Are We Living Beyond Our Environmental Means?

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NPR has recently done a story on what various countries around the world are doing to combat climate change. The results are, as expected, mixed.

Countries like Australia and China are looking to genuinely change the way they impact the environment around them. On the other hand are countries like Brazil and Canada falling way behind on their markers for environmental change. Then there’s all the countries in between the two extremes, including the United States, struggling to alleviate their negative environmental impact on the world.

One has to wonder what the appeal of polluting to excess really is, when push comes to shove. Money is, after all, only an abstraction that we’ve created and assigned value to in order to make our lives easier. It adds convenience, but it is only that: an abstraction.

If you don’t have the land to live on because it is unsafe to do so, money won’t buy it and make it better. If you don’t have clean water to drink or fresh food to eat, money won’t buy it for you. If you don’t have clean air to breathe, then surprise: money won’t buy it for you. We’ve mistaken these pieces of cloth rags for something that we need to survive, when in fact it’s all around us to begin with. We depend on the environment, like any other species, staying a particular way. We also depend on dwindling natural resources to support and sustain a lifestyle we can’t technically afford. If we run out of a resource on Earth then, guess what, money won’t buy it for you.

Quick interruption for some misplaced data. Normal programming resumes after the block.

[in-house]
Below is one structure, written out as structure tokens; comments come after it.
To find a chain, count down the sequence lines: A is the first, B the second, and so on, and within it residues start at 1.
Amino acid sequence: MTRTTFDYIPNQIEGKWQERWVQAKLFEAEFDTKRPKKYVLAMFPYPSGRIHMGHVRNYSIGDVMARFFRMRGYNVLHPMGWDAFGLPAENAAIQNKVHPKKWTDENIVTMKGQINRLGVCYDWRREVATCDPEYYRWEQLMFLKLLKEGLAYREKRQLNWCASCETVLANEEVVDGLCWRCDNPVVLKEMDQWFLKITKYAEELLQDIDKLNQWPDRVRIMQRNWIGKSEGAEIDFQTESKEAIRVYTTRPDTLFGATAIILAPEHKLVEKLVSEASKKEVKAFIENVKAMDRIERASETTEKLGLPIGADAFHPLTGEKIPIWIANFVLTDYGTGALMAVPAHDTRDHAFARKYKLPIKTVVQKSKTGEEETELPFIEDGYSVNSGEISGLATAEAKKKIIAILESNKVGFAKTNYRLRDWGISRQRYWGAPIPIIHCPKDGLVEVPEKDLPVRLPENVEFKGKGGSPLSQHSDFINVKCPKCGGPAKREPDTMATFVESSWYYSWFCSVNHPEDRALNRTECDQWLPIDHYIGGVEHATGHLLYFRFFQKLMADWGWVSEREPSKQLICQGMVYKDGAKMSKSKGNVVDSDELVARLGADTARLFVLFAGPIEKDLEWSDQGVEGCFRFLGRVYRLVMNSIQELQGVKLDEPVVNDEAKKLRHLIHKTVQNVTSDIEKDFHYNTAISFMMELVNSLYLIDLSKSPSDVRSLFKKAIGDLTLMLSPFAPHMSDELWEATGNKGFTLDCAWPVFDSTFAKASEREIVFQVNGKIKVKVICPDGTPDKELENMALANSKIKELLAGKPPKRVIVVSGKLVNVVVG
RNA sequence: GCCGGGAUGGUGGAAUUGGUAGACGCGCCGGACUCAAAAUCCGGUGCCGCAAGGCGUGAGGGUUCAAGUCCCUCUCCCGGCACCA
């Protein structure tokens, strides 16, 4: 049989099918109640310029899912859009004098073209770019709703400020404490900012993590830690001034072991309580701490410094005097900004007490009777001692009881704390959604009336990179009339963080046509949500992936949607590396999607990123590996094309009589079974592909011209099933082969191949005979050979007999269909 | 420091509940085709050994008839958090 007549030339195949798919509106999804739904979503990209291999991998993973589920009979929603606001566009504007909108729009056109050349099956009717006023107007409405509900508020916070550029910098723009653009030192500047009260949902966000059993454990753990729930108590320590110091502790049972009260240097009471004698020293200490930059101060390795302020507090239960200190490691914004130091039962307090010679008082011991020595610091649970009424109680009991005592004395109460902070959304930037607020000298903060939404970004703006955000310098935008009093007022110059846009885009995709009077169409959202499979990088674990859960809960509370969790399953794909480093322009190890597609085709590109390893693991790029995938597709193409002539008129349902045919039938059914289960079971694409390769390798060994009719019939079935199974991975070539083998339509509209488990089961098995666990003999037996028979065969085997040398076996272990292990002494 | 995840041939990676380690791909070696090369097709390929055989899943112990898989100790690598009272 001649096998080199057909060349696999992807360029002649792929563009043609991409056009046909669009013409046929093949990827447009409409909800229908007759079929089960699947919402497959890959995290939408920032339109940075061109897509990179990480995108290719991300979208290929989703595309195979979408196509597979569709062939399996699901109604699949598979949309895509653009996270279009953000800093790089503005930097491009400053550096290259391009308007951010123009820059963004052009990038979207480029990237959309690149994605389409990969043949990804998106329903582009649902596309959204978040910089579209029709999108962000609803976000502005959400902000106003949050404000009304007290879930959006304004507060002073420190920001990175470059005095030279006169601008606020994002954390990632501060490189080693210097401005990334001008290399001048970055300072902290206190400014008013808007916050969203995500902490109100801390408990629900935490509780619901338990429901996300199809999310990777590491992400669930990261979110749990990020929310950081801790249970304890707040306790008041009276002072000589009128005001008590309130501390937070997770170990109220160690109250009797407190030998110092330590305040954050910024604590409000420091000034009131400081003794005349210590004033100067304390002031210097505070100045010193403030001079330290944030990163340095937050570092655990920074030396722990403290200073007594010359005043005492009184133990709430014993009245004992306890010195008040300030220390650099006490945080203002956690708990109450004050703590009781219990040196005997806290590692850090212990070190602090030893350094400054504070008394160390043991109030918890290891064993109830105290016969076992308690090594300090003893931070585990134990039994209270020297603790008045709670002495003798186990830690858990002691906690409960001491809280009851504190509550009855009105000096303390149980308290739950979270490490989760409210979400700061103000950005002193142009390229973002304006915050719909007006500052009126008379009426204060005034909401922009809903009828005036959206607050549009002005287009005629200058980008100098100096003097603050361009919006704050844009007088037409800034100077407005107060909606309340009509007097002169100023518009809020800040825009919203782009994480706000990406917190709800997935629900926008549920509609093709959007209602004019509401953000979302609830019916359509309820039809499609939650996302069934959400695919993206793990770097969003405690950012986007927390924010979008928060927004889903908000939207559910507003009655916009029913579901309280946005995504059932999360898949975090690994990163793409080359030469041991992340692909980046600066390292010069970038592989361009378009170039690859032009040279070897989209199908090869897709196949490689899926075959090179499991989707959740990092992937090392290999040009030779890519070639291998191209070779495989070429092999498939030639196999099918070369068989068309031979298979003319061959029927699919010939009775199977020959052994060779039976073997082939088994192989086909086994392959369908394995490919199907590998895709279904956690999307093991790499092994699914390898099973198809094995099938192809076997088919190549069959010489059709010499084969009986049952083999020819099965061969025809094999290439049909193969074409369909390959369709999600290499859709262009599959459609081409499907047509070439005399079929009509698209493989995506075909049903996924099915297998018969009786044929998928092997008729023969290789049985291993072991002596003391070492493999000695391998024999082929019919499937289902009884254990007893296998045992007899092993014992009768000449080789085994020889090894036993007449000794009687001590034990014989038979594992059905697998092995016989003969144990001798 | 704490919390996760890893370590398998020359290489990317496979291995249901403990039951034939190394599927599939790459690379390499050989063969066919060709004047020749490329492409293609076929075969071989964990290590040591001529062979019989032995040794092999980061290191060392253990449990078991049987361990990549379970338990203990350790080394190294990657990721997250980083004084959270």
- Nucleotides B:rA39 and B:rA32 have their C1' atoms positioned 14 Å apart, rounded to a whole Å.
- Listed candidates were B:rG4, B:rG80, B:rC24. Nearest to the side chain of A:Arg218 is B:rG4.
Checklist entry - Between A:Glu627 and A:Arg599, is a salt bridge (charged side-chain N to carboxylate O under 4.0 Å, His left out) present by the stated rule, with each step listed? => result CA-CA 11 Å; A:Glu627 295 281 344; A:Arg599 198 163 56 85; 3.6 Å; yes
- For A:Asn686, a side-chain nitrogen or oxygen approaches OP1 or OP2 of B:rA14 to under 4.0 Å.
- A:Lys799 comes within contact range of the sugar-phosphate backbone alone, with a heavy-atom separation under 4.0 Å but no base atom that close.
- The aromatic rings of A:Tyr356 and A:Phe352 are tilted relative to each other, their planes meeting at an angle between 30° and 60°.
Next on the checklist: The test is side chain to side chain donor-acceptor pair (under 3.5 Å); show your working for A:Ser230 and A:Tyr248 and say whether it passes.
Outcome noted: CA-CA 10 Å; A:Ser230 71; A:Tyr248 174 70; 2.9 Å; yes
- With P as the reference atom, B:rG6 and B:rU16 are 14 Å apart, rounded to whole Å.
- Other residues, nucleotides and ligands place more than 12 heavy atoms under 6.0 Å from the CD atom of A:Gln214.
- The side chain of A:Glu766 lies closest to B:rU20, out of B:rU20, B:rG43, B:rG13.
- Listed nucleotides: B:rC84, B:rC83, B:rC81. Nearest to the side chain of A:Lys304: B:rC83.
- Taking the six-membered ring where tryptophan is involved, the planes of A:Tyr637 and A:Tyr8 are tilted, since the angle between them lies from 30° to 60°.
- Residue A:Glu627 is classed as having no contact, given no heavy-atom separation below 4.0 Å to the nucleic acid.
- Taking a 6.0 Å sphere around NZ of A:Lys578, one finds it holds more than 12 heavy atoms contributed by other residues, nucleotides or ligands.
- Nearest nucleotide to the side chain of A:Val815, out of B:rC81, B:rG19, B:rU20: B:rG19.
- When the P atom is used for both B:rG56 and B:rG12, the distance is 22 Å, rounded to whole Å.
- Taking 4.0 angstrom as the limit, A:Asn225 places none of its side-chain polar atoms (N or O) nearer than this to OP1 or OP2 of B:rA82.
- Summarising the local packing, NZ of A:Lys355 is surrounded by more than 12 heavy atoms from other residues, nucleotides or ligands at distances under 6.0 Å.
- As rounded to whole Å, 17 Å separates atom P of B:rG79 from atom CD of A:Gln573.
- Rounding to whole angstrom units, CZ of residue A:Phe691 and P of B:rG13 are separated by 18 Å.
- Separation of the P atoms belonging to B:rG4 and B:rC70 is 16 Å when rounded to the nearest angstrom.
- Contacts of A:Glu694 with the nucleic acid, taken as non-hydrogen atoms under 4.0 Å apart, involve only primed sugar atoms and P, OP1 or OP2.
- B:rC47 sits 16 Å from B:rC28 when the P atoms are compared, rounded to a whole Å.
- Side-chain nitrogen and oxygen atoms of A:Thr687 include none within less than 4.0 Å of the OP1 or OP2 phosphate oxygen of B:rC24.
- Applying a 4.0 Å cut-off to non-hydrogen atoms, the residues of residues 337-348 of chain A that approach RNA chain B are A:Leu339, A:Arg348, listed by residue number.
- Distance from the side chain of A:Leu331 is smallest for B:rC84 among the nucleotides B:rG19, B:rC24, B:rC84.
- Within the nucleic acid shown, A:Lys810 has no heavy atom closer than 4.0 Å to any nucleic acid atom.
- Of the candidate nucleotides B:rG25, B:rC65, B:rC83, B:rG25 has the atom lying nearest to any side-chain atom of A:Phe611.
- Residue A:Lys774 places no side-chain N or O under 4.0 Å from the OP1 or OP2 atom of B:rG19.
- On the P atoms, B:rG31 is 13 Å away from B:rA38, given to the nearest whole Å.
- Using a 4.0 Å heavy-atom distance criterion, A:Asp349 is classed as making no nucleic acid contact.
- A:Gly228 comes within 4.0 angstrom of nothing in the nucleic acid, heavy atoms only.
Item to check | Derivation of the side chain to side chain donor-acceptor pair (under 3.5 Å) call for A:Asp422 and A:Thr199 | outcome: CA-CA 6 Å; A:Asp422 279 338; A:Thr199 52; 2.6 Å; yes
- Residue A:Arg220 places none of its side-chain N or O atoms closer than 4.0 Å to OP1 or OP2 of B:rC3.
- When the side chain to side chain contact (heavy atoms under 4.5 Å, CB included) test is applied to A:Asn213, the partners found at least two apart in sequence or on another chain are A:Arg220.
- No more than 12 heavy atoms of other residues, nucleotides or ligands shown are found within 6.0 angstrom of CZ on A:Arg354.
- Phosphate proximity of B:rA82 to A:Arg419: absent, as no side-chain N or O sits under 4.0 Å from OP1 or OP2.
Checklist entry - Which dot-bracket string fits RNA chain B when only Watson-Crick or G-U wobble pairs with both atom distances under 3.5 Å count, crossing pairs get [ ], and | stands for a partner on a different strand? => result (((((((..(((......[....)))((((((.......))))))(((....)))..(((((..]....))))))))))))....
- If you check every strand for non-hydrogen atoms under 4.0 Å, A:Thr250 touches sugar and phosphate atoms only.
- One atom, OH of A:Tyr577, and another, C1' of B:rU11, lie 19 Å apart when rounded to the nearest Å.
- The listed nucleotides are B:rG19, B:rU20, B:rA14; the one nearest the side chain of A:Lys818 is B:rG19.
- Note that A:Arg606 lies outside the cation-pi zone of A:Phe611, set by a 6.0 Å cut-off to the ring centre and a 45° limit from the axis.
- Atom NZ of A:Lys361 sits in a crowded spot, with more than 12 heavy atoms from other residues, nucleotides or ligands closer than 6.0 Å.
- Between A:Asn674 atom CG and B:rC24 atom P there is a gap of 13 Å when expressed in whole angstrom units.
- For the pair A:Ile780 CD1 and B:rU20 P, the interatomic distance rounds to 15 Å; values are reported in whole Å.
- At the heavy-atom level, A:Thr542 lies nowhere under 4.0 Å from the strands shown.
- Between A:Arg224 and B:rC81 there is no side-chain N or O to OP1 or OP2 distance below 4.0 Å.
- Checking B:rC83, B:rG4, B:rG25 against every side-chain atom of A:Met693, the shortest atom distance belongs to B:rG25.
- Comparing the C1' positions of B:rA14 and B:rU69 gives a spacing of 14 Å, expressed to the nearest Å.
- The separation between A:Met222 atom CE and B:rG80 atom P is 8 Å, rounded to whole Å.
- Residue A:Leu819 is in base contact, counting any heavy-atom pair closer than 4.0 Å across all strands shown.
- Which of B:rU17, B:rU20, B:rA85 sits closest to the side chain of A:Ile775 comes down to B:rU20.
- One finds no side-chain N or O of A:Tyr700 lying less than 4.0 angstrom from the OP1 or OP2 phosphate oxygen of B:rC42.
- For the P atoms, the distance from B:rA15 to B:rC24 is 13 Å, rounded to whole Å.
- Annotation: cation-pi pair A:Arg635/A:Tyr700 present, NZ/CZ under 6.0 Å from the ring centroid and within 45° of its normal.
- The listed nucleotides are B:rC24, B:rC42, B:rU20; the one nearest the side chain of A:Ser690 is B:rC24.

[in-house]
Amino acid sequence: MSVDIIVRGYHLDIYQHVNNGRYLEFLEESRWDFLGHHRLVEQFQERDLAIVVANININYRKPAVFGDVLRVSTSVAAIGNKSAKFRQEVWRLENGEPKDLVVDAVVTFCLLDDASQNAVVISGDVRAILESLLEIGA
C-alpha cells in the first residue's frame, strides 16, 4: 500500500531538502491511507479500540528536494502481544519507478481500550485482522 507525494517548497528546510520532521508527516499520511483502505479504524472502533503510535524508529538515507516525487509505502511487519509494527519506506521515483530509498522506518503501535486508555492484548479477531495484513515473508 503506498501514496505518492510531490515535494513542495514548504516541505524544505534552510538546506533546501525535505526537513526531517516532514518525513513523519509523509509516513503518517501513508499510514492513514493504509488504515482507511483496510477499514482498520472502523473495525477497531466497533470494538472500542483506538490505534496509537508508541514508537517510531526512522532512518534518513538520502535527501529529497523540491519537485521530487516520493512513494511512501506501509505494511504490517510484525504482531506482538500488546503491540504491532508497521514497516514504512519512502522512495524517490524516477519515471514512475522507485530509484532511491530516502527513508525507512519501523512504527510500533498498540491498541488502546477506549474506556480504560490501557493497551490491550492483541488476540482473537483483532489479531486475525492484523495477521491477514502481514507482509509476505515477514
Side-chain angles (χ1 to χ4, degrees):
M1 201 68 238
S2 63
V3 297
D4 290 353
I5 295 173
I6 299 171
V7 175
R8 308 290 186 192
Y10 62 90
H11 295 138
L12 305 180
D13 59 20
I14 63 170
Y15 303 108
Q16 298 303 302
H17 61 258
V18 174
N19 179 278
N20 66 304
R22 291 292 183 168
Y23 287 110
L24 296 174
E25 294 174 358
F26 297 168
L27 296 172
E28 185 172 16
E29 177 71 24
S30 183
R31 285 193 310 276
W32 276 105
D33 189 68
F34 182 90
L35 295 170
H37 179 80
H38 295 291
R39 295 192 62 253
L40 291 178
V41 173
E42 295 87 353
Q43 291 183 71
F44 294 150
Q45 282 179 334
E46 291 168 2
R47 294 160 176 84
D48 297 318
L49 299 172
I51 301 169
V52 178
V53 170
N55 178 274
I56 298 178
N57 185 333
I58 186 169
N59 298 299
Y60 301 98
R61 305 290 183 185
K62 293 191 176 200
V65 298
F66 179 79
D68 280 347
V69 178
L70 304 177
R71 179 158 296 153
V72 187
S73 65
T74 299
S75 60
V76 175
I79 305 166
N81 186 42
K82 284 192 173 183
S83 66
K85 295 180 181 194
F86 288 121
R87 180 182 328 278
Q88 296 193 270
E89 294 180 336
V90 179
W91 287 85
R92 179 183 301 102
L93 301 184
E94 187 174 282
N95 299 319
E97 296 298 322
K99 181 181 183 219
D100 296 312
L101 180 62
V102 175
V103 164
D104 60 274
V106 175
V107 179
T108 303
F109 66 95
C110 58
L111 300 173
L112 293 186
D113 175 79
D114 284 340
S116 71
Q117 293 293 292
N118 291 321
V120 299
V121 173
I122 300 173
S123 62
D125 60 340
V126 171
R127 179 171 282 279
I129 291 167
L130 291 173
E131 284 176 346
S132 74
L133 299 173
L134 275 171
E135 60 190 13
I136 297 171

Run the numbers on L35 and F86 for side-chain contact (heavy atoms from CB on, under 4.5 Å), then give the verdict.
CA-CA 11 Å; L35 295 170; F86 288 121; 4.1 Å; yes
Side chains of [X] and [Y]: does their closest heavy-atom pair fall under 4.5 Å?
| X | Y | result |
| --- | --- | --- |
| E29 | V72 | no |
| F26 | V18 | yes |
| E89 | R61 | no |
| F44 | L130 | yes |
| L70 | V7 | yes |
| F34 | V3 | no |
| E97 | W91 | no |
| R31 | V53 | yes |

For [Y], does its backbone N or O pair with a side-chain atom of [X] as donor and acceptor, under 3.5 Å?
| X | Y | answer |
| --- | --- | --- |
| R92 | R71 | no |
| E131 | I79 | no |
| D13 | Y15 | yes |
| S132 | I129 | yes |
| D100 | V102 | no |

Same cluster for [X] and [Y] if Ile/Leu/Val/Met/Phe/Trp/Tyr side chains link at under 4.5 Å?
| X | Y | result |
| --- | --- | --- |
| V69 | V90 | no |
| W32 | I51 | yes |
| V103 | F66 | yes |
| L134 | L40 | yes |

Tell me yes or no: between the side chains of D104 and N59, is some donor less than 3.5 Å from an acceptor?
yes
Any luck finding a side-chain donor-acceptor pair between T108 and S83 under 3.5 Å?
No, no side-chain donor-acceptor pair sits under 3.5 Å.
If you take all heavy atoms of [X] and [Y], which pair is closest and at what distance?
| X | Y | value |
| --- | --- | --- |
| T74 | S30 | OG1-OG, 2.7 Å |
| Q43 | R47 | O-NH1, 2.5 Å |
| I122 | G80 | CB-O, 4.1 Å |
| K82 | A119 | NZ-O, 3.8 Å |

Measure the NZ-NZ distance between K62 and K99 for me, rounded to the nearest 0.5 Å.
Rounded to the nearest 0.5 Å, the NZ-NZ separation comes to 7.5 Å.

Money is a thing produced by the left hemisphere of the brain in order to make our world easier to live in. The trouble happens when people value this abstraction over the concrete reality (the right brain) in which we all live and are inseparably apart of. There is no other trick to this phenomenon. It’s just a question as to how a brain works, and what it values, prioritizes and seeks. Some people, unsurprisingly, are not fit for their own survival as an individual or as part of the collective species that is humanity. It is their logic and their reasoning that currently holds the highest power and the highest authority in the land, in spite of its toxicity for its own proponents and advocates, in a very real and demonstrably tangible sense.

So as you’re making your way through the next round of business negotiations, or you’re contemplating that next investment, ask yourself, how much do you really need and want that money, relative to what you need and want to survive and be well on this planet. You may want all the fancy things that money can buy you. And believe me, I’m not critical of that want in and of itself.

But when you put it into the perspective of what you need, as a living organism first, in order to be well in the fullest and smallest of senses? What is the full price that you’re paying, beyond the dollars and cents logic, that so defines and limits our world and our potential as a species? And what does that mean for your own personal self, as well as all others living in this world with you?